How Significant Others Feel About Their CD Partners

| Sep 12, 2022
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I have sometimes wondered whether I was glad to know that my husband was a crossdresser before we married or whether it would have been better not to learn and have had no exposure to it whatsoever.

As I write in my blog I had knowledge from the beginning of our relationship, and I accepted and encouraged his chosen form of self-expression. Still, I did not understand his desire to dress in feminine lingerie, and his erotic flavor of sexual interests was the foundation of a much larger and more dangerous addiction. Nor did I understand how being involved with someone with these passions would impact my life and my sense of my own feminine identity.

Recently, I had the opportunity to ask many of my cisgender women sisters whether they thought it was best to know about their husband’s interests or whether they would have preferred to have never found out. The results of my informal and unscientific poll were not altogether surprising, and here is a snapshot of the responses.

  • Over 150 women opened the survey but only 89 provided responses. Each question allowed free-form comments to explain their answer or to provide context, and this is where the real insights were told.
  • The women were located worldwide, including one response from war-torn Ukraine of all places. All respondents answered being legally married to their CD/TG/M2F partner, now or at some point in the past.
  • All 89 were emphatic that knowing was better than not knowing. Not a single respondent said they wished they had never found out, even as disturbing as it was or how long it took to find out.
  • Only 10% (9) knew of their husband’s crossdressing or transgender tendency before marriage. Like me, most considered it harmless at the time, but a few would only accept it under certain circumstances, such as keeping it private and out of the bedroom.
  • The remaining 80 (90%) respondents did not find out until after marriage, most by accident or through suspicious behavior that prompted them into detective mode. Only 5 were told by their husband after marriage but before accidental discovery. (One woman found out after 26 years of marriage, and she was so shocked and traumatized that she became suicidal. Her story was beyond tragic.)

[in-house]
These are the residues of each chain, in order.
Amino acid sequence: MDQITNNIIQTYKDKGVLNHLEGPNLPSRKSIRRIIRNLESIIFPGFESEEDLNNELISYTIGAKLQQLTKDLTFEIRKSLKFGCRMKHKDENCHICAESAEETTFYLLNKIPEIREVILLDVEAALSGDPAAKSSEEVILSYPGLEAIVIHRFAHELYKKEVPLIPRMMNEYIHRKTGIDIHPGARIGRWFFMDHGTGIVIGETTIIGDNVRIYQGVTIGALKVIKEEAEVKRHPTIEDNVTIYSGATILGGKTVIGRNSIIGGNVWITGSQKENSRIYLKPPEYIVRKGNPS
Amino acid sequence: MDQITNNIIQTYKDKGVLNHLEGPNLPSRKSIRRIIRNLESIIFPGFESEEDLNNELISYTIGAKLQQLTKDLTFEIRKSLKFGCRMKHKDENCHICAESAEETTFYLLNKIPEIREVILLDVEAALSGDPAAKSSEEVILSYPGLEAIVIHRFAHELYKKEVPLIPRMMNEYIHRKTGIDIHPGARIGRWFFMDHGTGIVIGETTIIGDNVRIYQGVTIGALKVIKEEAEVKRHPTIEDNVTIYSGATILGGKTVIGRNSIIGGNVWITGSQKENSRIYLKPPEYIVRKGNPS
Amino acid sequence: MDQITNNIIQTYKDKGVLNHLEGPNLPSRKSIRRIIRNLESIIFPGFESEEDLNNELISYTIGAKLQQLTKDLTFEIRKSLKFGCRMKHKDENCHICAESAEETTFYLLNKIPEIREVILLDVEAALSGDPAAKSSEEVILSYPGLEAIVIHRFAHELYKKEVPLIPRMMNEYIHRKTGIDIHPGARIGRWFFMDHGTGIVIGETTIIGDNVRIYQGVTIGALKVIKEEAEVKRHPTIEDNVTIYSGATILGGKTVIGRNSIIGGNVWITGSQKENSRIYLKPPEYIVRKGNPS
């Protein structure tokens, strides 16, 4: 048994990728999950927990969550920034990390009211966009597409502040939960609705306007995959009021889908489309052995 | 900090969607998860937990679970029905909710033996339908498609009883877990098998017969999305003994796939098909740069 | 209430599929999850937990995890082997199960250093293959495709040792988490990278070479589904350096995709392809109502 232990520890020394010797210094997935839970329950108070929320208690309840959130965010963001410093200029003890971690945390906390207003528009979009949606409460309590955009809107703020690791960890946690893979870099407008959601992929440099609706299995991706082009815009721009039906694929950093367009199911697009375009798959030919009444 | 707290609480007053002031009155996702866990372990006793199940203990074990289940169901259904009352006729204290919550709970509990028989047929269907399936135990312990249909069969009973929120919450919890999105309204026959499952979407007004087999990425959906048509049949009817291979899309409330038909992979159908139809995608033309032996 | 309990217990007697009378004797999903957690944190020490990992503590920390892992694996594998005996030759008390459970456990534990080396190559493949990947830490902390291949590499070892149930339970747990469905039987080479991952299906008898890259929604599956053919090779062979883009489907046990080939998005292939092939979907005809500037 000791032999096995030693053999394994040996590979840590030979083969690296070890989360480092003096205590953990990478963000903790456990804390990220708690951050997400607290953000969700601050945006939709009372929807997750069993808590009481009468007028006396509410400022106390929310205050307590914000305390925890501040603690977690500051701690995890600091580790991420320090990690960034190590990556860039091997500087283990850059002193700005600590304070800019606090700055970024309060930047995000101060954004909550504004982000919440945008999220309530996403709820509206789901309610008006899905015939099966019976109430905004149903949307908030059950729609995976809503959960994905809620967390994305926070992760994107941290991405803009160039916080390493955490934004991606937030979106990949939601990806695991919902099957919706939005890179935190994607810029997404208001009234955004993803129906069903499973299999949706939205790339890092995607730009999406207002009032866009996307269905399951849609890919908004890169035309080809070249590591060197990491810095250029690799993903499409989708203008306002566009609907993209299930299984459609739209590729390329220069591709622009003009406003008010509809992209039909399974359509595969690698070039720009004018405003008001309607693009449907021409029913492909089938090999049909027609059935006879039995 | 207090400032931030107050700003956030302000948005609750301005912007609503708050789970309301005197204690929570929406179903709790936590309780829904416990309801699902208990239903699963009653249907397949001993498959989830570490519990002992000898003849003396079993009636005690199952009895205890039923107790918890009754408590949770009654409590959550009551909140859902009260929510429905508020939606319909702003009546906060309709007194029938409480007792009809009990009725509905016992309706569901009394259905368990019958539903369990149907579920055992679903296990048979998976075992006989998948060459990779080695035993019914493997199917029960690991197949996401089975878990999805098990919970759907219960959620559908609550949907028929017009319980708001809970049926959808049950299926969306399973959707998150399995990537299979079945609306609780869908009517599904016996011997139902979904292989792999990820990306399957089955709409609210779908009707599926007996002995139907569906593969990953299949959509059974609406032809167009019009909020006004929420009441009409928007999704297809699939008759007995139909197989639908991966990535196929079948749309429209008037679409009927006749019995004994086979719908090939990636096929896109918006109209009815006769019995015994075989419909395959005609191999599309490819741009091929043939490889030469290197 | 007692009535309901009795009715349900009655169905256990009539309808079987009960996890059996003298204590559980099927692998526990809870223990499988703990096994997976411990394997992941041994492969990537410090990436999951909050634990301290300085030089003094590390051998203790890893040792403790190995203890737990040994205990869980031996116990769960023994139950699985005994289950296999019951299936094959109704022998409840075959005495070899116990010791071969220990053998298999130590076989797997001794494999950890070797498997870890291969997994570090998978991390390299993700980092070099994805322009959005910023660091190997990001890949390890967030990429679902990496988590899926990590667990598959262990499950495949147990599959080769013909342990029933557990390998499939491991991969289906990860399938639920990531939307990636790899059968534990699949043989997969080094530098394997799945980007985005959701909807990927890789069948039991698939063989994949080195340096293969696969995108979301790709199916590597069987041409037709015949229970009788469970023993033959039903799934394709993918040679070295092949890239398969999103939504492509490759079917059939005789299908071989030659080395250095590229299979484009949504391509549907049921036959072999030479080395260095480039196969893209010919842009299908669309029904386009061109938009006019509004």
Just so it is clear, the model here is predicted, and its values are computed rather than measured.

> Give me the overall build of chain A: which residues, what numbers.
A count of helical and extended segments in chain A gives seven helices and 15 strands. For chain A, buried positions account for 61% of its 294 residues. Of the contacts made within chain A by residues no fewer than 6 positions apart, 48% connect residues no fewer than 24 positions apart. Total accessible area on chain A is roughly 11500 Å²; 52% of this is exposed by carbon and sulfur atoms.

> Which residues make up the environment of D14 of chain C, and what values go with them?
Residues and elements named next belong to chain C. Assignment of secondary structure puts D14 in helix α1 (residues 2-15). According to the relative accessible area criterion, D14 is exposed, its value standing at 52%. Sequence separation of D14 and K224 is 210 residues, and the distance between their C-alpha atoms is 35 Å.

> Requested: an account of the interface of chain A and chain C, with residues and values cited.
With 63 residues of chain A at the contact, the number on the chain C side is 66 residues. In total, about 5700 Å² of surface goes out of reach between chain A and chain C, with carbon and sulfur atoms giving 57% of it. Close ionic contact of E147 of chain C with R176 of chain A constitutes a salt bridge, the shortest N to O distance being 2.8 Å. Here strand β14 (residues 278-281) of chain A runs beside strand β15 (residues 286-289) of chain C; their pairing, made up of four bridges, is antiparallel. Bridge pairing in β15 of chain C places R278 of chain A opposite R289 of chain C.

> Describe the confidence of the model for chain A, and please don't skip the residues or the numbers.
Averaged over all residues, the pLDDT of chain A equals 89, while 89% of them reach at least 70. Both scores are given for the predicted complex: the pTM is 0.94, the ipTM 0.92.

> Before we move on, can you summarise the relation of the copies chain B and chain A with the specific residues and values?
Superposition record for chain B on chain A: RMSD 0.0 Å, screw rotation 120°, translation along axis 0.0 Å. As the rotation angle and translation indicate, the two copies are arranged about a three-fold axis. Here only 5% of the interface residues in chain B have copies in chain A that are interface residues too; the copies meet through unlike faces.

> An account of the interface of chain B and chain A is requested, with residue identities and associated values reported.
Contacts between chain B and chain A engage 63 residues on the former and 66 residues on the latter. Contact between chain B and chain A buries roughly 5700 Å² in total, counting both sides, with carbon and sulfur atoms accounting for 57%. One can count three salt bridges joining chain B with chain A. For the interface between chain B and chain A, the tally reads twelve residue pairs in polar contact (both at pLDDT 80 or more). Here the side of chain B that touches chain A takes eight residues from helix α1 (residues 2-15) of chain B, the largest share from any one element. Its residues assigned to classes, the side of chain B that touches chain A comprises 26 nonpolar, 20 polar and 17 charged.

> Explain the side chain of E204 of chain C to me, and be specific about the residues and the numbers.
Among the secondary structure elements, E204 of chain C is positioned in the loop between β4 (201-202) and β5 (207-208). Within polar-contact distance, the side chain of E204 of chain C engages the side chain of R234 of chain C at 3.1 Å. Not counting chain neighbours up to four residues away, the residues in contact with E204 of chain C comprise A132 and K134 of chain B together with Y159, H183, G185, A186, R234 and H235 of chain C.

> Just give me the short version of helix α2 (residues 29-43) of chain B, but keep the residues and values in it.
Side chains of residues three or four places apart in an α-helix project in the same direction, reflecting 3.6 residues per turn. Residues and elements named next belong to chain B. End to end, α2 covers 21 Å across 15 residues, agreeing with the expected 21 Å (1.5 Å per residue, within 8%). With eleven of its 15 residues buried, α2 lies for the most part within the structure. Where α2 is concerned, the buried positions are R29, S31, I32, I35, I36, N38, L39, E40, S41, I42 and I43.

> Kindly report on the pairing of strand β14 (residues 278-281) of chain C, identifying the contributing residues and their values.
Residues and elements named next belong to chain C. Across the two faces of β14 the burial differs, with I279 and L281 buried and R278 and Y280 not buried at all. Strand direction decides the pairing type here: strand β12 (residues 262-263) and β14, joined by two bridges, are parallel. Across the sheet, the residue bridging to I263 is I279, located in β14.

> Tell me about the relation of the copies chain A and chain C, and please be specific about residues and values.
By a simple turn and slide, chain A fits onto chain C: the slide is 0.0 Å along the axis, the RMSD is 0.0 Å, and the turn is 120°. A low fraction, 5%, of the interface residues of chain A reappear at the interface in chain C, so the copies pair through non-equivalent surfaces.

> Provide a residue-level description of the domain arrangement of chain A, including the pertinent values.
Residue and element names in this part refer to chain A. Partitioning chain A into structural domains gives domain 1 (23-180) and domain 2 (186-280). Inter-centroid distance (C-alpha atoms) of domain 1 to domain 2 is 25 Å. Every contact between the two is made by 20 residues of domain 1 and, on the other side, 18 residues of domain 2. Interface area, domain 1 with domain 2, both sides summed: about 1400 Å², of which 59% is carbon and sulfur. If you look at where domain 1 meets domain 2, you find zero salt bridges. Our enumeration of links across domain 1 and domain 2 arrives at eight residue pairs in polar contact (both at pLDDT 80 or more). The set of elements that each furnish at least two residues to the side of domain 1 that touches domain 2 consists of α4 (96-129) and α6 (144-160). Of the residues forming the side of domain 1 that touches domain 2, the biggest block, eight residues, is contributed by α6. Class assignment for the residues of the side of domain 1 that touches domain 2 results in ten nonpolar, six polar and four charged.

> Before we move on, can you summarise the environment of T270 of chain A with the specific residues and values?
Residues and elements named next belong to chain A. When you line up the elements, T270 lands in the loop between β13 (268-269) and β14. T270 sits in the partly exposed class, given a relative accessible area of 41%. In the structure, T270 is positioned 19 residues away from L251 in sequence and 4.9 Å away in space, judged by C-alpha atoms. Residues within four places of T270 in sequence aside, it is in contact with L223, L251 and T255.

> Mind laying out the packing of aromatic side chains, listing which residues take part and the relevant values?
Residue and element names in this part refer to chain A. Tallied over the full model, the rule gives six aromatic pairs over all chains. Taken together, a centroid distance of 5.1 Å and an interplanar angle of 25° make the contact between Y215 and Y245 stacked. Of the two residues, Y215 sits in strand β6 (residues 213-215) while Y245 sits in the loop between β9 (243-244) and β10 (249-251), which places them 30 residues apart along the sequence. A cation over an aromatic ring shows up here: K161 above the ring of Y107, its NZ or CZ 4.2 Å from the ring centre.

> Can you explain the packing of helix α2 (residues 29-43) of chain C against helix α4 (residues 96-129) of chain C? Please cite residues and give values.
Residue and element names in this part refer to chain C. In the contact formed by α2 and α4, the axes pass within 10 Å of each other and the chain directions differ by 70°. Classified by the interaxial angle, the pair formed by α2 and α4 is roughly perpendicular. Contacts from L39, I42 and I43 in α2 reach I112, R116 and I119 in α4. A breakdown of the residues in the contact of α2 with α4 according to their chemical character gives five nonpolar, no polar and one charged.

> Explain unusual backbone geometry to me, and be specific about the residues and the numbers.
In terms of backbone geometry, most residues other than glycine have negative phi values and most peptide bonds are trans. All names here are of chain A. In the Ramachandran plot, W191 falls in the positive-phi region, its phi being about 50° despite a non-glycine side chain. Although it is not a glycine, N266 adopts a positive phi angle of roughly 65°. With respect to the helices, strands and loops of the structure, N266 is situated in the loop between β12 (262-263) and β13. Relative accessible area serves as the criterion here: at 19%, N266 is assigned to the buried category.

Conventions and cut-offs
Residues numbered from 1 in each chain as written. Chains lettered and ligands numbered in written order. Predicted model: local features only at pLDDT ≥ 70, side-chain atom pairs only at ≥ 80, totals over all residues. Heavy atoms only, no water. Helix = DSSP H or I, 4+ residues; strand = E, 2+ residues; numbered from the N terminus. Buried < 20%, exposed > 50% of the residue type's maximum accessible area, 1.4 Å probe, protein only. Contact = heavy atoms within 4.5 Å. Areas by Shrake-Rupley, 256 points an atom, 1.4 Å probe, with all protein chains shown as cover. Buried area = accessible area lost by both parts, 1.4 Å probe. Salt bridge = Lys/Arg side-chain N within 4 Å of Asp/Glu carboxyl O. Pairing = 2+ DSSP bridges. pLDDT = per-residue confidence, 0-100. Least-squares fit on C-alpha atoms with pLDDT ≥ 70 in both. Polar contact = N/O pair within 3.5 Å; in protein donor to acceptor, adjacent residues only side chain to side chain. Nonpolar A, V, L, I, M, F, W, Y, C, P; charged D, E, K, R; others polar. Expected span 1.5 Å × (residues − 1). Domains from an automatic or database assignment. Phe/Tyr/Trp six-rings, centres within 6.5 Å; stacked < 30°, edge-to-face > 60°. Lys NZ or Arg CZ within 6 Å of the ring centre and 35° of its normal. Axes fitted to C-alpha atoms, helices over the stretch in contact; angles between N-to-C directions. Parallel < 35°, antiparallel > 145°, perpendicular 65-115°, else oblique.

• When asked if they would have married their husband had they known from the outset, 74 (92%) of the 80 wives who reported not knowing beforehand said “no” that they would not have married him had she known then what she knows now.
  • Most of these 74 women commented that they felt they would have wanted the choice to decide. 11 women said they felt cheated from having the partner they thought they were marrying or deprived of having a relationship based on honesty and trust — they felt they were married to a stranger or like me, were married under false pretenses. The word “betrayal” was frequently used in the commentary associated with this question.
  • Of the 80 respondents who did not know, 29 (36%) eventually sought a divorce, another 8 (10%) live apart, and the remaining 41 are either sticking it out for children or have no other financial choice but to stay married.
  • While a few wives were able to find some manner of acceptance (by ignoring their husband’s interests or setting strict rules on when or how it is done), most are “unhappy” with it, and a handful privately thought their husband’s pastime was immoral, dangerous, or downright disgusting.
  • Of the 9 women who knew before marriage, 4 said it wasn’t the crossdressing that bothered them but rather what it “turned into” later. They described many of the same pursuits my husband was engaged in, involving sexual encounters with other CDs and men looking for the transvestite/shemale experience.
  • 3 of the 9 who knew before marriage still supported their husband’s activities, but one confessed she has a secret male lover to “even the score.” (She didn’t describe what score she thought she was settling.)
  • 75 (85%) of the 89 respondents sought the help of professional mental health providers at some point to deal with the shock and stress, while a few others admitted to “self-medicating” either through drugs and/or alcohol.

It’s fair to assess that disclosing these interests to your wife or life partner is a very personal and difficult decision, regardless of the timing. However, keeping it a secret brings an added risk — perhaps with devastating consequences, especially if the activity is unexpectedly discovered because you potentially lose the ability to influence the dialogue.

If you are considering unveiling your fem side to your wife or life partner, I have added a page to my blog entitled “Spilling the Saucer of Secrets to Your Significant Other with some suggestions to consider before sitting down for that conversation.

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Category: FYI


About the Author ()

I am married to a long-term crossdresser. Visit my blog at to learn more about my experiences with this rare community.

Comments (2)

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  1. Lauren says:

    This article should be required reading for any transgender person currently dating a person of the opposite biological sex or hoping to do so.

    • royaldelarue royaldelarue says:

      Thank you, Lauren. I am glad you think so. I have often thought the wives and significant others are the true minorities of this rare community. I invite you to visit my blog at to read about my experience.

      Best wishes,